Inflation jumped to 2.3% in February, according to the latest figures from the Office for National Statistics.
The increase, which was driven by rising fuel and food costs, means your savings must work harder than before to keep pace with the rising cost of living.
But with savings rates at record lows that's a hard job to do!
To protect your pot, you'll need to find an account paying at least 2.3%, so long as the interest you earn is within your Personal Savings Allowance for the 2016/17 tax year.
The Personal Savings Allowance (PSA) allows you to earn £1,000 tax-free interest a year if you're a basic rate (20%) taxpayer or £500 tax-free interest a year if you're a higher rate (40%) taxpayer.
To help you find the best home for your savings, we've rounded up the best inflation-beating accounts paying 2.3% or more.
Unfortunately, there aren't any accounts which beat inflation at the moment.
However, one out of the 793 savings accounts on the market matches inflation. The Milestone Savings Fixed Term Deposit is a five-year bond with a minimum £10,000 deposit and an interest rate of 2.3%.
The good news is that savings rates are generally on the rise, with the average two-year fixed bond sitting at 1.10%, the highest since November 2016.
In February, rate rises outstripped rate reductions for the second month in a row, with 87 increases and 27 decreases. But unfortunately, it's not enough to contend with ever-climbing inflation.
Why current accounts are better
It's worth remembering that current accounts still offer better rates than traditional savings deals.
These might be especially useful as savings accounts for those that have used up their PSA and need to chase much higher rates to beat inflation.
For example, the Nationwide FlexDirect account offers 5% on balances of up to £2,500 for the first 12 months. However, this will drop to a measly 1% after the first year.
The TSB Classic Plus account pays 3% on balances of up to £1,500. You'll need to deposit £500 a month and opt for paperless statements to qualify for the rate each month.
The Tesco Bank Current Account also pays 3% but on balances up to £3,000. Unlike other current accounts it's easy to use as a savings account as you don't have to set up and Direct Debits or deposit a minimum amount each month to benefit.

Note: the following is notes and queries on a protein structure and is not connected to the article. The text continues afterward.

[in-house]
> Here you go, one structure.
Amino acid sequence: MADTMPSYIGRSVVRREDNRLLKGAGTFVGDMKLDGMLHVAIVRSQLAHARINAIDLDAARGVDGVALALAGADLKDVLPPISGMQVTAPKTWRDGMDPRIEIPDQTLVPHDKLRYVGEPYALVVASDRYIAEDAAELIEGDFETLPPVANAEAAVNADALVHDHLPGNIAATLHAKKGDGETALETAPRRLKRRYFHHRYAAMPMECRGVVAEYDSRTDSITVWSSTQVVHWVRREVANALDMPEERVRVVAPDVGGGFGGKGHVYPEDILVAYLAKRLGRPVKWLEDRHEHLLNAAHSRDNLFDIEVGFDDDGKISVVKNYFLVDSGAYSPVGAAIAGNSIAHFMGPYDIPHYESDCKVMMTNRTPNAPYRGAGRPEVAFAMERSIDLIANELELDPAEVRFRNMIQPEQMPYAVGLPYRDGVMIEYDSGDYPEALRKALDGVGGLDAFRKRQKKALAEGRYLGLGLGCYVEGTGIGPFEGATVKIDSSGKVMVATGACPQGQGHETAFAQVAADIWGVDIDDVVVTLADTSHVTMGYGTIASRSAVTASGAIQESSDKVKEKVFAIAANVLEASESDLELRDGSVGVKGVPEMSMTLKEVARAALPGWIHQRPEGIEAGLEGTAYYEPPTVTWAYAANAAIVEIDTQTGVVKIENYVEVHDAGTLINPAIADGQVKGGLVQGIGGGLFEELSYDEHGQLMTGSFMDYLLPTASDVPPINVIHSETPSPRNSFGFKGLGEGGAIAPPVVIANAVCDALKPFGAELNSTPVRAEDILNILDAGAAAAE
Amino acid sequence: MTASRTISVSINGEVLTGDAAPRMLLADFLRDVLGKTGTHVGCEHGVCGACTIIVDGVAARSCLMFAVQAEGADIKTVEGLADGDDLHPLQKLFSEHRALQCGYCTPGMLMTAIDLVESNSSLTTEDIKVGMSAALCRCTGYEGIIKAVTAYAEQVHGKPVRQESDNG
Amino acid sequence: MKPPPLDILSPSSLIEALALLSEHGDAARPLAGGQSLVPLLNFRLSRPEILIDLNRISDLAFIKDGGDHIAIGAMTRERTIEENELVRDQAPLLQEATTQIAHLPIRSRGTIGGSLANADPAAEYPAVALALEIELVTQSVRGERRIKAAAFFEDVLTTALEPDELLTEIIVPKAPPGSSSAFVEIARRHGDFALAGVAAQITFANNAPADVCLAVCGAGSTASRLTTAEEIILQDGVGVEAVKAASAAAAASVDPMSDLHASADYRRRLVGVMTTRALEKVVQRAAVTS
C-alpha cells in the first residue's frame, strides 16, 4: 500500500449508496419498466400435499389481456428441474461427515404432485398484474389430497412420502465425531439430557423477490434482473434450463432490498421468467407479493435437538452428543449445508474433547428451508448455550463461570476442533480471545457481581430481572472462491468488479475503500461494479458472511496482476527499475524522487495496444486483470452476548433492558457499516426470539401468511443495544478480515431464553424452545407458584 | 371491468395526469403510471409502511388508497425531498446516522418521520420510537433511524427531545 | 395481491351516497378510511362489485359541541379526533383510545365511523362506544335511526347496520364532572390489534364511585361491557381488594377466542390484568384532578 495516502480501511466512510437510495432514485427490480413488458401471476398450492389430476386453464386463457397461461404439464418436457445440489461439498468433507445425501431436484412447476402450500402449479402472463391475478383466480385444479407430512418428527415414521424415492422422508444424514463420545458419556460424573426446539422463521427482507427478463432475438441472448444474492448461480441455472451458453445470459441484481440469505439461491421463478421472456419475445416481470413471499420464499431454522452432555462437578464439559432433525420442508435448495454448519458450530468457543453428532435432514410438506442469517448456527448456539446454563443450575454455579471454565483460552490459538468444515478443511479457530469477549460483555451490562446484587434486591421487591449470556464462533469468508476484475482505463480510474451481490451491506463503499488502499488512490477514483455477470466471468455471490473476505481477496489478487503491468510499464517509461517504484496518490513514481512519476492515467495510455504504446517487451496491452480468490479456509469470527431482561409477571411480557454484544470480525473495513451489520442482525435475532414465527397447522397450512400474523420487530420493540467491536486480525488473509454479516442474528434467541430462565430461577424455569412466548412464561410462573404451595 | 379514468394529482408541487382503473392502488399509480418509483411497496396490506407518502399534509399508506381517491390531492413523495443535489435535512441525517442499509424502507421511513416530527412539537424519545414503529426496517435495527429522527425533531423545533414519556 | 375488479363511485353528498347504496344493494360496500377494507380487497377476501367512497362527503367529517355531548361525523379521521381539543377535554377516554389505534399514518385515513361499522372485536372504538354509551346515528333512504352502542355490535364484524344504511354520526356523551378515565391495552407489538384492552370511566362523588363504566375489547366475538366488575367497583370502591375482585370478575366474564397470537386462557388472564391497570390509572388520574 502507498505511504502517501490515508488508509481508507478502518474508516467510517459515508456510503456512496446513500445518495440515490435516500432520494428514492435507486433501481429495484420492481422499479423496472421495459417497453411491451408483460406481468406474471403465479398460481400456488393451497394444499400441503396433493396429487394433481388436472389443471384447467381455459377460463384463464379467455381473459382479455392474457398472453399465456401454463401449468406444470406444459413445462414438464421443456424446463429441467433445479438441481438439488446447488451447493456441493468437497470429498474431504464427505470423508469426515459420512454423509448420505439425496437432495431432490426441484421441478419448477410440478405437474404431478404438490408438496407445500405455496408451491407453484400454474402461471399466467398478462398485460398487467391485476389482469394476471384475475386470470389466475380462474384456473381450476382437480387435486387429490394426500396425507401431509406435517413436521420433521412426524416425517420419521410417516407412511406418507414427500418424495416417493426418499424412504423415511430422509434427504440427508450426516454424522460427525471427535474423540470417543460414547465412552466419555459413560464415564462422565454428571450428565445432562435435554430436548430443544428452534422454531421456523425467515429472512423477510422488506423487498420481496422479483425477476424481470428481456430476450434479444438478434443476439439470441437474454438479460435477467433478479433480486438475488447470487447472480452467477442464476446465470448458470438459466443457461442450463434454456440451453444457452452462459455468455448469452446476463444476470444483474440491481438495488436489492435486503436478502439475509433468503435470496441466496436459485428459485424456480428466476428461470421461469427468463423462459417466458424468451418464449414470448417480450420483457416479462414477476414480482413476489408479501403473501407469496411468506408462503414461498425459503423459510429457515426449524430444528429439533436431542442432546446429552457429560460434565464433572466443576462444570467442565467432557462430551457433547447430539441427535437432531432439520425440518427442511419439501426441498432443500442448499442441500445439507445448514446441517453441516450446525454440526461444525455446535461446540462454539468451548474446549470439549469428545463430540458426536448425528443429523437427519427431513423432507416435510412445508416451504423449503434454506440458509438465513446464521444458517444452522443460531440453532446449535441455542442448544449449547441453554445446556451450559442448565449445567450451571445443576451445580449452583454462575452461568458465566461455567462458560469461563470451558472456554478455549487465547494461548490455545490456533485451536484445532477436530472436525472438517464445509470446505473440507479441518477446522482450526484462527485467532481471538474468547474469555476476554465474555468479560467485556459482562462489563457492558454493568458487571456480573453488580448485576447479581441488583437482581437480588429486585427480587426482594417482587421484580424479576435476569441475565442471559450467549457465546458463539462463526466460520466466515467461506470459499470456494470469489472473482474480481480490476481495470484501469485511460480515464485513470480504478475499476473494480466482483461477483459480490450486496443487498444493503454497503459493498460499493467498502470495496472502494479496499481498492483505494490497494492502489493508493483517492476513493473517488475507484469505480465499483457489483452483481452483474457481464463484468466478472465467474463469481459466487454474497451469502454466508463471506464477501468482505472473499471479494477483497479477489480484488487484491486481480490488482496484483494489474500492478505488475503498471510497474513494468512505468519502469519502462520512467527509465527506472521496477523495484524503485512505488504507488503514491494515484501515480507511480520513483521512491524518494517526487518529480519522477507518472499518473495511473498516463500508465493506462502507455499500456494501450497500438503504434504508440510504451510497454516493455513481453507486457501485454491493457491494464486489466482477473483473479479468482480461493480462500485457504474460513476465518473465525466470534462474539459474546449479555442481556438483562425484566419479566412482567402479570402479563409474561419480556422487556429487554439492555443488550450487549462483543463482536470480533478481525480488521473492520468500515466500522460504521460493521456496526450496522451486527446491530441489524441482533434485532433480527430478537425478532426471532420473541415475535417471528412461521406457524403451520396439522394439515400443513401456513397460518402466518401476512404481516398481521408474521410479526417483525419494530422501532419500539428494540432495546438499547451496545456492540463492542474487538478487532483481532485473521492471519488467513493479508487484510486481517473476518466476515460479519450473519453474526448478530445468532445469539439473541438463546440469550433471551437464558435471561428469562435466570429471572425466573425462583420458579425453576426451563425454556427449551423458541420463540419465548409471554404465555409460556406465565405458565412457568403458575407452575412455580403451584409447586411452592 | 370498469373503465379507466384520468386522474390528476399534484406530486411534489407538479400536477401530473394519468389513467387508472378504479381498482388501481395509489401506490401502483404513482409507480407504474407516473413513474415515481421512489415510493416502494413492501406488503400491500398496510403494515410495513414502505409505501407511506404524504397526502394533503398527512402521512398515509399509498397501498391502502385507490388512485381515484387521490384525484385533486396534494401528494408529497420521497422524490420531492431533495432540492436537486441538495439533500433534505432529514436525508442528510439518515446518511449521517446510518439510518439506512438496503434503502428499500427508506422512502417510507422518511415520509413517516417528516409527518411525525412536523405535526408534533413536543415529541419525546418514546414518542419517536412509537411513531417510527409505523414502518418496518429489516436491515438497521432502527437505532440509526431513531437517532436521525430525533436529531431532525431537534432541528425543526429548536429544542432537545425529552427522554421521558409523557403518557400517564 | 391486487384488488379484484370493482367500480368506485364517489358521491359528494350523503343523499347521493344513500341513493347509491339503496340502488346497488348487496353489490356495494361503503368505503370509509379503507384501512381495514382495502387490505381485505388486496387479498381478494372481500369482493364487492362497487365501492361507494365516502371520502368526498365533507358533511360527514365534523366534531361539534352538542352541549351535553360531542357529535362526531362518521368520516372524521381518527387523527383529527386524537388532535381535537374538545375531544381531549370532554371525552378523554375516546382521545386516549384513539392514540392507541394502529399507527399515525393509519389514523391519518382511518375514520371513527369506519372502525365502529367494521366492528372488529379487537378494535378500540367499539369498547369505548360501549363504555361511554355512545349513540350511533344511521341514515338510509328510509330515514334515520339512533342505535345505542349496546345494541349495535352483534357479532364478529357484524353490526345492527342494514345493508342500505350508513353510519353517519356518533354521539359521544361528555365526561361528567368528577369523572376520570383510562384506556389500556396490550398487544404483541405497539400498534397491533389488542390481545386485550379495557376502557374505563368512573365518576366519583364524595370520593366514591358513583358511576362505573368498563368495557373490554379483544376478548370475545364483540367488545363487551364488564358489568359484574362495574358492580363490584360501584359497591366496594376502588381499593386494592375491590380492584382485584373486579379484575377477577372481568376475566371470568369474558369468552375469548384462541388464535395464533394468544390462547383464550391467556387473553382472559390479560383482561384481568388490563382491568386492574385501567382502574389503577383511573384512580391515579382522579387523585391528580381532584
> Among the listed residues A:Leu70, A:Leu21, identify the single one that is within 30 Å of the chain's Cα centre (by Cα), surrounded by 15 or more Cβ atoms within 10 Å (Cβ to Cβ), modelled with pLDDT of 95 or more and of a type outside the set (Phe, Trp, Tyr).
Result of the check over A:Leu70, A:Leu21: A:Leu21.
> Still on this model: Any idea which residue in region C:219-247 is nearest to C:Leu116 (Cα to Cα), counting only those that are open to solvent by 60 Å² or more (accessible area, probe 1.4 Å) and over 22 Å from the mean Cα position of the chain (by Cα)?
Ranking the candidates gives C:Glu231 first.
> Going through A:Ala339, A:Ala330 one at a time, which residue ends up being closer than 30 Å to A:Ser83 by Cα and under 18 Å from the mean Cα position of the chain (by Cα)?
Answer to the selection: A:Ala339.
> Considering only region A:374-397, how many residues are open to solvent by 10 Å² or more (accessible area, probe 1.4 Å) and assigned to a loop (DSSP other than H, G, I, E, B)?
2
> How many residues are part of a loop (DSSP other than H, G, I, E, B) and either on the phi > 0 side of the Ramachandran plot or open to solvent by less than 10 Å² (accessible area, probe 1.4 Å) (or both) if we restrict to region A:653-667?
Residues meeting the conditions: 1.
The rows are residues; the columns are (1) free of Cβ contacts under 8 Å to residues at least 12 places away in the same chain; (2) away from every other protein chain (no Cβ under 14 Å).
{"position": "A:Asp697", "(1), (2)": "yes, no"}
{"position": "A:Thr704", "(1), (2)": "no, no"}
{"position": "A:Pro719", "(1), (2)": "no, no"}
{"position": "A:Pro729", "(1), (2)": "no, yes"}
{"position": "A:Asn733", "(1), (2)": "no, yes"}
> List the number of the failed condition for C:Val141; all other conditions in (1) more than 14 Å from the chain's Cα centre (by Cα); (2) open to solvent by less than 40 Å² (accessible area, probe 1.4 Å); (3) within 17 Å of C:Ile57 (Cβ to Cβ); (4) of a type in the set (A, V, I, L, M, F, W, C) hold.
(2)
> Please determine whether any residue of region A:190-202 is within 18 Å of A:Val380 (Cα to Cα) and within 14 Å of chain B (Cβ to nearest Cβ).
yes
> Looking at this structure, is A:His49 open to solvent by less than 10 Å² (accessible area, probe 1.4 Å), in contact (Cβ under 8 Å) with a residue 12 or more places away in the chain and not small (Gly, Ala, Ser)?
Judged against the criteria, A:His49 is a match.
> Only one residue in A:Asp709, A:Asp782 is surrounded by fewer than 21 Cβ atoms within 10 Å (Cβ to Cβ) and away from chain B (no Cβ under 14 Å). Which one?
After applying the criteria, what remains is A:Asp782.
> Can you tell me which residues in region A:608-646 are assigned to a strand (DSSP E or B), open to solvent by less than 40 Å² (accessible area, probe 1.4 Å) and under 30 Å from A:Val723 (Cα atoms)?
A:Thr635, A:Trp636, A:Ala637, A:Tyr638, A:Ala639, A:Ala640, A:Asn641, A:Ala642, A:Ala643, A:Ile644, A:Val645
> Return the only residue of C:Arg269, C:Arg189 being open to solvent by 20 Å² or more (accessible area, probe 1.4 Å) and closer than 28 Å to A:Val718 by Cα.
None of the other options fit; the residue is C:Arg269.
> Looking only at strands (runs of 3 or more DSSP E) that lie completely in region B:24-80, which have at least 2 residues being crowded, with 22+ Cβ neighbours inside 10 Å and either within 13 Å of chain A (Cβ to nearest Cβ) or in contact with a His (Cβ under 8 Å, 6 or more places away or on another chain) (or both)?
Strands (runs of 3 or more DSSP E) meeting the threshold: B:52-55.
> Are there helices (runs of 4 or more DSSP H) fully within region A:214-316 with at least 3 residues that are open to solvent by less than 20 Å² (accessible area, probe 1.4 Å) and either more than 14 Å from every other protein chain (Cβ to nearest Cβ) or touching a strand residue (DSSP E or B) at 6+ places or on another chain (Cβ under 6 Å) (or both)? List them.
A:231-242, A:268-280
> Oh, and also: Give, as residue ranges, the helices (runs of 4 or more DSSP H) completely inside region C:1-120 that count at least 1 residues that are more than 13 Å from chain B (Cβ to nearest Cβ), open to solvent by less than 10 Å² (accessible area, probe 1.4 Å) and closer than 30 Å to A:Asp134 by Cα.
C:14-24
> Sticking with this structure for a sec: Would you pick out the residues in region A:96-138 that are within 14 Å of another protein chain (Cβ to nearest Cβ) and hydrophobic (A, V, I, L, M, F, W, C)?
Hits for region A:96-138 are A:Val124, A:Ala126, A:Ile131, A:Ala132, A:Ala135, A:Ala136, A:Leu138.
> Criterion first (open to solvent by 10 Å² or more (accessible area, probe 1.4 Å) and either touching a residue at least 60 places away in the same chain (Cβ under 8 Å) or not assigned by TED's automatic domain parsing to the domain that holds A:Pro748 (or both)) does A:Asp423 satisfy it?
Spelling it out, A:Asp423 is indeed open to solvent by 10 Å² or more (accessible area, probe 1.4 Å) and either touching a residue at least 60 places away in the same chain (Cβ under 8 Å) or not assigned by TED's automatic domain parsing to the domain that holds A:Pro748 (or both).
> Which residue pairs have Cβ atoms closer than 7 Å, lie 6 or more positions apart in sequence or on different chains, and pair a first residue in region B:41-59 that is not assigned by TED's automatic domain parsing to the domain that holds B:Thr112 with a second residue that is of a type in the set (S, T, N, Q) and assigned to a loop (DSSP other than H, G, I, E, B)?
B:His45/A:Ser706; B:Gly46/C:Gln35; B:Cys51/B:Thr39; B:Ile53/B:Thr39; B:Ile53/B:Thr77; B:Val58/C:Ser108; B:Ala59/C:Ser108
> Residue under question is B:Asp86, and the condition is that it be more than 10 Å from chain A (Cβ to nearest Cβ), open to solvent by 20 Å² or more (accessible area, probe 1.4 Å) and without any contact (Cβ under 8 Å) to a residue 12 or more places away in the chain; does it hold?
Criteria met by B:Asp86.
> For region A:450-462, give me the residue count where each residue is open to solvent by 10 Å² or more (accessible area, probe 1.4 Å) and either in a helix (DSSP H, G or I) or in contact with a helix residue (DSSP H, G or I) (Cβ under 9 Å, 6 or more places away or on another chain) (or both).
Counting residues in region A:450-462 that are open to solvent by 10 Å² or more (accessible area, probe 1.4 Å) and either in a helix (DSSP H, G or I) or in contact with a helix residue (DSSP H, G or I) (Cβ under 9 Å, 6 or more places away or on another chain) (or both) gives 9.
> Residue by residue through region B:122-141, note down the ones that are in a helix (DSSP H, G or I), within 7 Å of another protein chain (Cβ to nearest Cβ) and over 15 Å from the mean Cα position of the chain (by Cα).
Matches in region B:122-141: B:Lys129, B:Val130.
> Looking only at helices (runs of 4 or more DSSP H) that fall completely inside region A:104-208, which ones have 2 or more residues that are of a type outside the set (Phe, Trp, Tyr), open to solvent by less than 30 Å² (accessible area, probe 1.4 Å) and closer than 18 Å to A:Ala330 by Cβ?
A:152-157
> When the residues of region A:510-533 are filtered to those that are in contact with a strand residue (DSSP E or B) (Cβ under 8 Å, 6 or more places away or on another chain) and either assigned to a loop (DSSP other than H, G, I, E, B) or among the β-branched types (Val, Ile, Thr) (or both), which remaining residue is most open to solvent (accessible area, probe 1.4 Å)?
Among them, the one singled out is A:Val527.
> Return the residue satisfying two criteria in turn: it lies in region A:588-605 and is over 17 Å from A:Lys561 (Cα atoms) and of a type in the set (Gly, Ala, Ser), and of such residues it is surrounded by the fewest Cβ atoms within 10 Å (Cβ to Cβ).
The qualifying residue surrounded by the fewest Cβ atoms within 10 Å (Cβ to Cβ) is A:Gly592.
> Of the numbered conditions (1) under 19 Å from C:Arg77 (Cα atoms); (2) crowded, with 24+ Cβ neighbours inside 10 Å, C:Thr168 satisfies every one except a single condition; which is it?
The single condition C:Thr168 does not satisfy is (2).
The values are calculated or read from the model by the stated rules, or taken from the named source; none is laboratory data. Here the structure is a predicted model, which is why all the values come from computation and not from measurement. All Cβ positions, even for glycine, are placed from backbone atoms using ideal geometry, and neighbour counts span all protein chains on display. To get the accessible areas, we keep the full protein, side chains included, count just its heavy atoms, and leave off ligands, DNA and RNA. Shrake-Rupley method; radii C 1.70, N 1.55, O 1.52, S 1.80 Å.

However, the popularity of this account has caused it to freeze new applications, with no indication of when it will be available again.
Meanwhile, the Bank of Scotland Current Account with Vantage pays 3% on balances of £3,000-£5,000. However, you must pay in at least £1,000 each month and have at least two Direct Debits set up on the account to benefit.
Lloyds Bank's Club Lloyds pays 2% on up to £5,000. You need to pay in at least £1,500 a month otherwise there's a £3 monthly account fee.
Other options to consider
With inflation forecast to keep rising, it might be worth considering moving some of your cash into other places that have more risk but could offer greater rewards.
If you haven't used some or all your tax-free ISA allowance, you have up to £15,240 to play with.
Or there's peer-to-peer lending, where you lend your money to individual borrowers or businesses or investors.
This area currently isn't protected by the Financial Services Compensation Scheme but could offer far higher returns than a high-street account.
Lending Works recently launched the first mainstream Innovative Finance ISA (IFISA), which promises to pay up to 4.5% tax-free.